The trial court held a separate Jackson v. Denno hearing regarding the admissibility of the purported confession. Appellant contends that the burden rests on the state to demonstrate clearly that the defendant knowingly and intelligently waived his privilege against self-incrimination and his right to counsel. With this we find no argument. At such a hearing, the state is required to show voluntariness only by a preponderance of the evidence. High v. State, 233 Ga. 153 ( 210 S.E.2d 673) (1974); Pierce v. State, 235 Ga. 237 ( 219 S.E.2d 158) (1975).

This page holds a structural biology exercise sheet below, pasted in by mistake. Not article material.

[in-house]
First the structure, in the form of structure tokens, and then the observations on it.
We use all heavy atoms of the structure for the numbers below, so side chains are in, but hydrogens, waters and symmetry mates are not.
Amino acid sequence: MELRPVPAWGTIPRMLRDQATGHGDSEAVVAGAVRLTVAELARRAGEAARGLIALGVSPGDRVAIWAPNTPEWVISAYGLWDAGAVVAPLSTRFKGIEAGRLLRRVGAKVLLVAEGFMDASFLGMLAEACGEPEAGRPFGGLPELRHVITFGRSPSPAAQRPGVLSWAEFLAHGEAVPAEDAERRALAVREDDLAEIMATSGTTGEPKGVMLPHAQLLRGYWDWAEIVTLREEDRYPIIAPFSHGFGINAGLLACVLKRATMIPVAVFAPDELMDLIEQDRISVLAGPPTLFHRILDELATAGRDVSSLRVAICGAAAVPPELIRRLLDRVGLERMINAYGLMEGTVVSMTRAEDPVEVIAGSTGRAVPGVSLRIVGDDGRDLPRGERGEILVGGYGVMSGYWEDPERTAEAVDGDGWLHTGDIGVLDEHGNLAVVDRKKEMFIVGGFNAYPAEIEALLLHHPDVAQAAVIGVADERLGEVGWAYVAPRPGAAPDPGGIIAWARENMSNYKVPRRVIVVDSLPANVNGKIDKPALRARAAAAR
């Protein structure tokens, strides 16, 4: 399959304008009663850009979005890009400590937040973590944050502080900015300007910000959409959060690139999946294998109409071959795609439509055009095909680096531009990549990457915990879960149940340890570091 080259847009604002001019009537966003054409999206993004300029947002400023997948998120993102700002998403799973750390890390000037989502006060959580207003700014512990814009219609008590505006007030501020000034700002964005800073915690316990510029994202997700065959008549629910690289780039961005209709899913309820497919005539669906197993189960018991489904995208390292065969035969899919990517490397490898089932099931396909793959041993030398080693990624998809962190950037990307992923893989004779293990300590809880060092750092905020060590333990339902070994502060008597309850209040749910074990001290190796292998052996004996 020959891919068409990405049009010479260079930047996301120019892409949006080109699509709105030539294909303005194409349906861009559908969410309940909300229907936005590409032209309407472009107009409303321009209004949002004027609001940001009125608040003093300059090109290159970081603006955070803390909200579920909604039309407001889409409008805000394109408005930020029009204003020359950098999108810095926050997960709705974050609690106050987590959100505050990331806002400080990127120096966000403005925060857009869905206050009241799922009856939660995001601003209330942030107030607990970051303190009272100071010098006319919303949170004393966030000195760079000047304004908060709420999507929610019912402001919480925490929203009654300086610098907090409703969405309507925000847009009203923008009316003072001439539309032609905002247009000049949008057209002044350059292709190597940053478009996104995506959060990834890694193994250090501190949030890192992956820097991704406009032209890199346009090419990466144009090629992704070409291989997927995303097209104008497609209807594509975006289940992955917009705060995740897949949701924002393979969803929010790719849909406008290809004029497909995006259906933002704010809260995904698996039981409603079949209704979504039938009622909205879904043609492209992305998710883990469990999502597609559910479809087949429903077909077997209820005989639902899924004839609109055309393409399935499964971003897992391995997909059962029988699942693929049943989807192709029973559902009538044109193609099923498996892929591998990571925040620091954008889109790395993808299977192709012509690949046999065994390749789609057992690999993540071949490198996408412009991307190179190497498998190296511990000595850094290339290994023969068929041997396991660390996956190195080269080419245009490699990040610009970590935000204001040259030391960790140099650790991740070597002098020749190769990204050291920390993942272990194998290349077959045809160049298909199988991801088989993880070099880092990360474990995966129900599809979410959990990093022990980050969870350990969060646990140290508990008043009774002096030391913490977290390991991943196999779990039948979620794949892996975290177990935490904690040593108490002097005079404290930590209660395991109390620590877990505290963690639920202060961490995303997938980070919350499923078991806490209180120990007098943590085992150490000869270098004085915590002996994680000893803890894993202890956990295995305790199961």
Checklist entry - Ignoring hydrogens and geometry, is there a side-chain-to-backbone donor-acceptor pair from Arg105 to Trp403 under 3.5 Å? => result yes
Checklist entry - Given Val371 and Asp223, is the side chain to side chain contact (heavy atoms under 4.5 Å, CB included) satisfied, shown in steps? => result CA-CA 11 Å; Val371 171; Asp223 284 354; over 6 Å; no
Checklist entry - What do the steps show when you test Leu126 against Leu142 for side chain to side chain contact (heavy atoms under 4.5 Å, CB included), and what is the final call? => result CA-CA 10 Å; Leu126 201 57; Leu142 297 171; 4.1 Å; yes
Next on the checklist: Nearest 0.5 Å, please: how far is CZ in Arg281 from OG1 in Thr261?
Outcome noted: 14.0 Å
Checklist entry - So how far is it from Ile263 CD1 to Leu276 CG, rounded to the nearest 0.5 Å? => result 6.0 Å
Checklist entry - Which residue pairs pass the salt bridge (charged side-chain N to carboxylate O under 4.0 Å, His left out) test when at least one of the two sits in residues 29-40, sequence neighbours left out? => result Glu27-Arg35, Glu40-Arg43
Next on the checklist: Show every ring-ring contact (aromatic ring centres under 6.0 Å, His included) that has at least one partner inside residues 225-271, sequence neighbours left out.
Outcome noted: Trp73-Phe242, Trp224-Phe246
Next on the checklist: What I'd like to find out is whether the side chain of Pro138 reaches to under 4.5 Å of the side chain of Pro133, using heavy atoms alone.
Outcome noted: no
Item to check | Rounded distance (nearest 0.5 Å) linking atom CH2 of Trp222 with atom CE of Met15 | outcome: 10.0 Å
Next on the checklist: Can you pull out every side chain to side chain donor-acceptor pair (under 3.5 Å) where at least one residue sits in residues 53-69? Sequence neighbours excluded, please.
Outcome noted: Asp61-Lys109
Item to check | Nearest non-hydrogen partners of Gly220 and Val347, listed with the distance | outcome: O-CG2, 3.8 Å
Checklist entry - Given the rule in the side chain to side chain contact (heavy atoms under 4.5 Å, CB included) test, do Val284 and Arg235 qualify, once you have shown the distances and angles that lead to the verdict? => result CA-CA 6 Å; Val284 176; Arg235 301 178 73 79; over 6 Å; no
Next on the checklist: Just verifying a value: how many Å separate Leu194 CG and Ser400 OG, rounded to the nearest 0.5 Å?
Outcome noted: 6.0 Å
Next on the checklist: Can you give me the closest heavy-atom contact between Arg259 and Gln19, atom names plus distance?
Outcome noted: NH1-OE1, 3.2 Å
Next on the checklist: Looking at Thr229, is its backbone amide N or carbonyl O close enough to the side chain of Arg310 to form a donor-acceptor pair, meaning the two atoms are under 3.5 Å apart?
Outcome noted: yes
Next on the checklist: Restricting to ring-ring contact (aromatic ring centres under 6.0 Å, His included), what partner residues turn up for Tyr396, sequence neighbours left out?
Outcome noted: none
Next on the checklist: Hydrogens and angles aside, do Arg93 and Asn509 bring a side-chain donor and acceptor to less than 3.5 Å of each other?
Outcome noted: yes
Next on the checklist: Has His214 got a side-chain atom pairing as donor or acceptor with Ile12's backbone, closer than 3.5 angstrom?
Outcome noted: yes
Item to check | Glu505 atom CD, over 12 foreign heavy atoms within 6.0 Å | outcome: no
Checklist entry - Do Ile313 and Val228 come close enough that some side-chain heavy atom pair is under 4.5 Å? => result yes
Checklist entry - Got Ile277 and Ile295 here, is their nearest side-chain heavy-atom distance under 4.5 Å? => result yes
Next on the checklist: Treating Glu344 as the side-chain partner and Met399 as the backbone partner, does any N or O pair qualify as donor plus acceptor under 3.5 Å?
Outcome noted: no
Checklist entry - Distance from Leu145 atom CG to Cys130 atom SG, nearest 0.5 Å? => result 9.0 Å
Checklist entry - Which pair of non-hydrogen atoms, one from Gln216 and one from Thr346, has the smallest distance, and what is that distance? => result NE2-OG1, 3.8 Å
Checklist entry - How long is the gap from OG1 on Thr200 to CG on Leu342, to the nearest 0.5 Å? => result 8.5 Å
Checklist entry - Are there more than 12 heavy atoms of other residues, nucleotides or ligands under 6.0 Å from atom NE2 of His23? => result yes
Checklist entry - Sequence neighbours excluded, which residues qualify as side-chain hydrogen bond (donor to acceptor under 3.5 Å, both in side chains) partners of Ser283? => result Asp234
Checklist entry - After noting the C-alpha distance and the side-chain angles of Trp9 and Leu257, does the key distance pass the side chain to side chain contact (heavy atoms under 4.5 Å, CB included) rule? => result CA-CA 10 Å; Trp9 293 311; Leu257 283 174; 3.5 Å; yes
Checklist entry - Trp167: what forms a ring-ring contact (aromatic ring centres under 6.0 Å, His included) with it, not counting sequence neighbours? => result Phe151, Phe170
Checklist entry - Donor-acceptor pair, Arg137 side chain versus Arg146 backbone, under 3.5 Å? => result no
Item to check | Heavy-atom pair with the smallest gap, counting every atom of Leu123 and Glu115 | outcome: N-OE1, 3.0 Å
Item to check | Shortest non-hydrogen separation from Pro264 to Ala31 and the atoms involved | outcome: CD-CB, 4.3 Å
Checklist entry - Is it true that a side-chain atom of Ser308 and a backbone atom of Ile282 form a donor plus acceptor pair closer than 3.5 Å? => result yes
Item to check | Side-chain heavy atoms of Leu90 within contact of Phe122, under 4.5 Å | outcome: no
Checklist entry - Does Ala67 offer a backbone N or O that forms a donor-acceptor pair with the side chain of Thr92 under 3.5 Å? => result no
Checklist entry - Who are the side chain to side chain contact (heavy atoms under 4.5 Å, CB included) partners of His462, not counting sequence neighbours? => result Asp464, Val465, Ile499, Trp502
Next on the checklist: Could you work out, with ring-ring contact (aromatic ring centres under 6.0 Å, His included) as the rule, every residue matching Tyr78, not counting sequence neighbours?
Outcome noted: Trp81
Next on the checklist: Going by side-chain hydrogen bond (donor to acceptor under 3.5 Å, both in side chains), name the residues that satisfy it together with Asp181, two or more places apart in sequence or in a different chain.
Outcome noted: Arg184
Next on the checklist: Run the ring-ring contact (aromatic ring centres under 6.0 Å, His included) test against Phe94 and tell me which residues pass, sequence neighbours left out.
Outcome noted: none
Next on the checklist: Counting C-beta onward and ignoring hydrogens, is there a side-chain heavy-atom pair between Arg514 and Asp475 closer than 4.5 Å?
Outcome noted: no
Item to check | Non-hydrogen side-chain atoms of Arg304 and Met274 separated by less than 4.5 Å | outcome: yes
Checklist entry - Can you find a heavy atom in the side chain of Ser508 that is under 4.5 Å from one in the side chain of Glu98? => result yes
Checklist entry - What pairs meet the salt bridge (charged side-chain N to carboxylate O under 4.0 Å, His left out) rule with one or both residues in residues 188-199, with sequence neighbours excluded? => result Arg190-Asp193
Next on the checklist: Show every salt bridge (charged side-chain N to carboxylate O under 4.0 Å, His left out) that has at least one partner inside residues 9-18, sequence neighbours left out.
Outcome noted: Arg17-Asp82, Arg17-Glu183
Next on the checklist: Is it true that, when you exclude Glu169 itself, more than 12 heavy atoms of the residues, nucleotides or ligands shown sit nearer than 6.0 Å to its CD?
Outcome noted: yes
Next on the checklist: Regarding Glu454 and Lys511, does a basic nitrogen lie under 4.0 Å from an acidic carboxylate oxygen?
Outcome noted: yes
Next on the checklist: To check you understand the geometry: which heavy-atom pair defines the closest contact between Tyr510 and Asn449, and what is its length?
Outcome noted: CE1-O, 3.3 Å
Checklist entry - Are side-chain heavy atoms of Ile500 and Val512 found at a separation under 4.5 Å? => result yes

Once a trial court determines that a statement was freely and voluntarily given in compliance with the requirements of Jackson v. Denno, 378 U.S. 368, the court may properly allow the statement into evidence. House v. State, 232 Ga. 140 ( 205 S.E.2d 217) (1974); Callahan v. State, 229 Ga. 737 ( 194 S.E.2d 431) (1972); Wilson v. State, 229 Ga. 395 ( 191 S.E.2d 783) (1972).